Friction to a muscle belly is always given with the muscle well relaxed.

    To avoid early recurrence, friction is given for one week after all clinical tests have become negative. During the period of treatment all movements or activities that bring on pain should be avoided by the patient.

    Theoretically, friction can be used for all muscle belly lesions. However, some lesions respond so well to local anaesthetic infiltration that friction is not used. This is the case in a type IV tennis elbow ( lesion at the muscle belly of the extensor carpi radialis) and . On the other hand, sometimes no alternatives exist for treatment with deep transverse friction. A lesion of the sublavius or intercostal muscles for instance can be treated only by deep transverse friction.

    It is a common clinical experience that all musculotendinous junctions (containing both muscular and tendinous fibres) throughout the whole body can be treated only by deep transverse friction. It seems that no alternatives for the friction exist: local anaesthetics, so curative for some muscle belly lesion and steroids, so effective at teno-periosteal lesions, have not the slightest effect on musculotendinous lesions, whereas deep transverse frictions usually have.


    All over-use tendinitis can be treated by deep massage except for the tenoperiosteal origin of the extensor carpi radialis brevis (type 2 tennis elbow), which is best treated by an infiltration with steroid, in refractory cases sometimes by manipulations.

    Lesions at the tenoperiosteal insertion can be treated either with steroid infiltrations or with deep transverse massage. Sometimes the friction, sometimes the infiltration will be the treatment of choice. Steroid suspension converts quickly an inflamed and painful scar into one free of inflammation. However, the recurrence rate is rather high ( between 20% and 25% ). The aim of the massage is to get rid of the self-perpetuating inflammation by breaking up the disorderly organised scar tissue and adhesion formations by converting it into properly arranged longitudinal connective fibres. This takes longer but once cure is achieved there will be fewer tendency to recurrence.

    It may therefore be the policy to start treatment with infiltrations and if the trouble recurs after a few months to substitute with massage.

    As a rule however, the friction is always choosen as the treatment of choice in athletes or in case the tendon is weakened (partial rupture). It can not be denied that repeated use of steroids, even in small doses and correctly applied, will temporarily weaken the tendinous structure. Steroids also take away inflammation and pain, so giving the patient the false feeling of being cured. The combination of a weakened tendon and abolition of pain can be disastrous for the tendon.

    Lesions in the tendinous body (biceps tendon ?) , either traumatic or resulting from over-use are contra-indications for infiltration with steroids. Ruptures have been reported after intralesional infiltrations with steroids of long tendons and therefore deep frictions are the treatment of choice here.(13, 14)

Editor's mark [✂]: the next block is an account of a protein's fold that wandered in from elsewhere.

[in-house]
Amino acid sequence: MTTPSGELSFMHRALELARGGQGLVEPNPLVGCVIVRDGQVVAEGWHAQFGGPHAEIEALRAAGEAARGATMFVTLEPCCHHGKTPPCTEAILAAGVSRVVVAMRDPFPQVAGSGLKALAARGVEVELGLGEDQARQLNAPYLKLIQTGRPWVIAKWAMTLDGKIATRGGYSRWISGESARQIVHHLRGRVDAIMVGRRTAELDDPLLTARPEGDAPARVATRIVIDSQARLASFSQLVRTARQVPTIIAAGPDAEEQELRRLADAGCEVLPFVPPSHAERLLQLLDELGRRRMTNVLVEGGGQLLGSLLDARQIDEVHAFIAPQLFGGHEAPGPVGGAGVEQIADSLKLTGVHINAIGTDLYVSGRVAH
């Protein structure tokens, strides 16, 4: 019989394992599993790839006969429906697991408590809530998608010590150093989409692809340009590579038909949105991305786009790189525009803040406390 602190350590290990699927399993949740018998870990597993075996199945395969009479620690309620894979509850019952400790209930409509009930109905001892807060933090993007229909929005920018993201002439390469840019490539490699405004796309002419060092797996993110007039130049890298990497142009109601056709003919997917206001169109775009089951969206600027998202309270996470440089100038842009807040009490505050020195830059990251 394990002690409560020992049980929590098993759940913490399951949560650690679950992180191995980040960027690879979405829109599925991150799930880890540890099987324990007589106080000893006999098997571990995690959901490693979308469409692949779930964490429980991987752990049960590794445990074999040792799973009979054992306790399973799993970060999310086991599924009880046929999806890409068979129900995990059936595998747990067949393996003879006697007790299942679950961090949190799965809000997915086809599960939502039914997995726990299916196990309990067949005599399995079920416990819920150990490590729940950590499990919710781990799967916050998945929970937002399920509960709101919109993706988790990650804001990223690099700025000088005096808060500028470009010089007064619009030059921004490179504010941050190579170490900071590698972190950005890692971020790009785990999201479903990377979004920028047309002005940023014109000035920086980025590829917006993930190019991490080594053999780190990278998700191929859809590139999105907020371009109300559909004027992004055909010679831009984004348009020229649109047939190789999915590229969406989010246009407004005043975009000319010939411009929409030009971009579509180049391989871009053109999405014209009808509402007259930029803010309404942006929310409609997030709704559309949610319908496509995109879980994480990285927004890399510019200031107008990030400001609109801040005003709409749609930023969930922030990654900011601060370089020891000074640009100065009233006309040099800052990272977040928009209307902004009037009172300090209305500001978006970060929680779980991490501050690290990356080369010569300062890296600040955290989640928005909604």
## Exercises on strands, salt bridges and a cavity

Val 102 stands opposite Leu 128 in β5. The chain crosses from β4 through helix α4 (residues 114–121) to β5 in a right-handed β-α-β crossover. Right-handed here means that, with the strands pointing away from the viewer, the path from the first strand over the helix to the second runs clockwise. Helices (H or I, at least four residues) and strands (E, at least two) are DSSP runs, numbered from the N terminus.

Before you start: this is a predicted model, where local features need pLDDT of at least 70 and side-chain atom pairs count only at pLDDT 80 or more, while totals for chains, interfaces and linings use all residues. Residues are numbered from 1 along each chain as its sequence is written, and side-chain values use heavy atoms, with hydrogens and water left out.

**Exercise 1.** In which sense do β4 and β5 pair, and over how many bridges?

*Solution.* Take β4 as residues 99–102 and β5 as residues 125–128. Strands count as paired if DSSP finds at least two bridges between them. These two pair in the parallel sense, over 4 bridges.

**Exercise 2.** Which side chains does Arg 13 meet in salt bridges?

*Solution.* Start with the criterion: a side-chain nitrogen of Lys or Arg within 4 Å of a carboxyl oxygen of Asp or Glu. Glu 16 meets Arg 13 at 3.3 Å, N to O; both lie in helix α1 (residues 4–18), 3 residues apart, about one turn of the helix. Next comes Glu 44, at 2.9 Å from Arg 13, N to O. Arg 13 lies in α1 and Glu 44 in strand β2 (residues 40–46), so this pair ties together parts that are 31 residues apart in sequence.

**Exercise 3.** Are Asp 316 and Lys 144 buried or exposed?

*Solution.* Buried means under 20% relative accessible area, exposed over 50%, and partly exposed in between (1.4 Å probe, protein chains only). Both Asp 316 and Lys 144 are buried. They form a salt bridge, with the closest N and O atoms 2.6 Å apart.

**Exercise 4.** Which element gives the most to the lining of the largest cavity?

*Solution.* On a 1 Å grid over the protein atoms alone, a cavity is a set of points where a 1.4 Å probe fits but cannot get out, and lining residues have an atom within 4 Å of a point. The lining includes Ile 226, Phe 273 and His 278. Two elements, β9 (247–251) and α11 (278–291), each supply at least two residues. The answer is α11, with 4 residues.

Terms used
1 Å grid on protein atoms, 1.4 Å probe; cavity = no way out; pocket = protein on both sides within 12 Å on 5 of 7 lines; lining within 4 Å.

It is obvious that during the whole period of treatment of tendinitis, tenosynovitis or tenovaginitis, the patient must avoid all activities that provoke the pain, especially loading the affected contractile tissue.


    Transverse massage is an excellent treatment modality in acutely sprained ligaments ( superior and inferior acromioclavicular ligaments) .


    1. ossification and calcification of the soft tissues
    2. rheumatoid-type tendinitis
    3. skin problems (infection, blisters, ulcers)
    4. neighbouring bacterial infections
    5. bursitis and disorders of nerve structures
    6. haematoma


    1- Carreck A 1994 The effect of massage on pain perception threshold. Manipulative Physiotherapist 26:10-16

    2- Woodman RM, Pare L. (1982) Evaluation and treatment of soft tissue lesions of the ankle and forefoot using the Cyriax approach. Physical Therapy 62:1144-1147

    3- De Bruijn R. 1984 Deep transverse friction: its analgesic effect. International Journal of Sports medicine 5:35-36

    4- Kaada B, Torsteinbo O. (1989) Increase of plasma beta-endorphins in connective tissue massage. Gen Pharmacol;20(4):487-9

    5- Field TM (1998) Massage therapy effects. Am Psychol Dec;53(12):1270-81

    6- Goats GC (1994) Massage--the scientific basis of an ancient art: Part 2. Physiological and therapeutic effects. Br J Sports Med Sep;28(3):153-6

    7- Evans P. 1980 The healing process at cellular level, a review. Physiotherapy 66:256-259

    8- Bulckwater JA, Crues R. (1991) Healing of musculoskeletal tissues. In : Rockwood CA, Green DP (Eds) Fractures JP Lipincott Philadelphia

    9- Hardy MA 1989 The Biology of scar formation. Physical therapy 69:1014-1023

    10- Buckwalter JA (1996) Effects of early motion on healing of musculoskeletal tissues. Hand Clin Feb;12(1):13-24

    11- Walker H. (1984) Deep transverse frictions in ligament healing. J Orthop Sports Phys Ther 6(2): 89-94

    12- Chamberlain G. (1982) Cyriax's friction massage: A review. J. Orthop Sports Phys Ther 4:16-22

    13- Stannard JP, Bucknell AL (1993) Rupture of the triceps tendon associated with steroid injections. Am J Sports Med May-Jun;21(3):482-5

    14- Clark SC, Jones MW, Choudhury RR, Smith En(1995) : Bilateral patellar tendon rupture secondary to repeated local steroid injections.J Accid Emerg Med Dec;12(4):300-1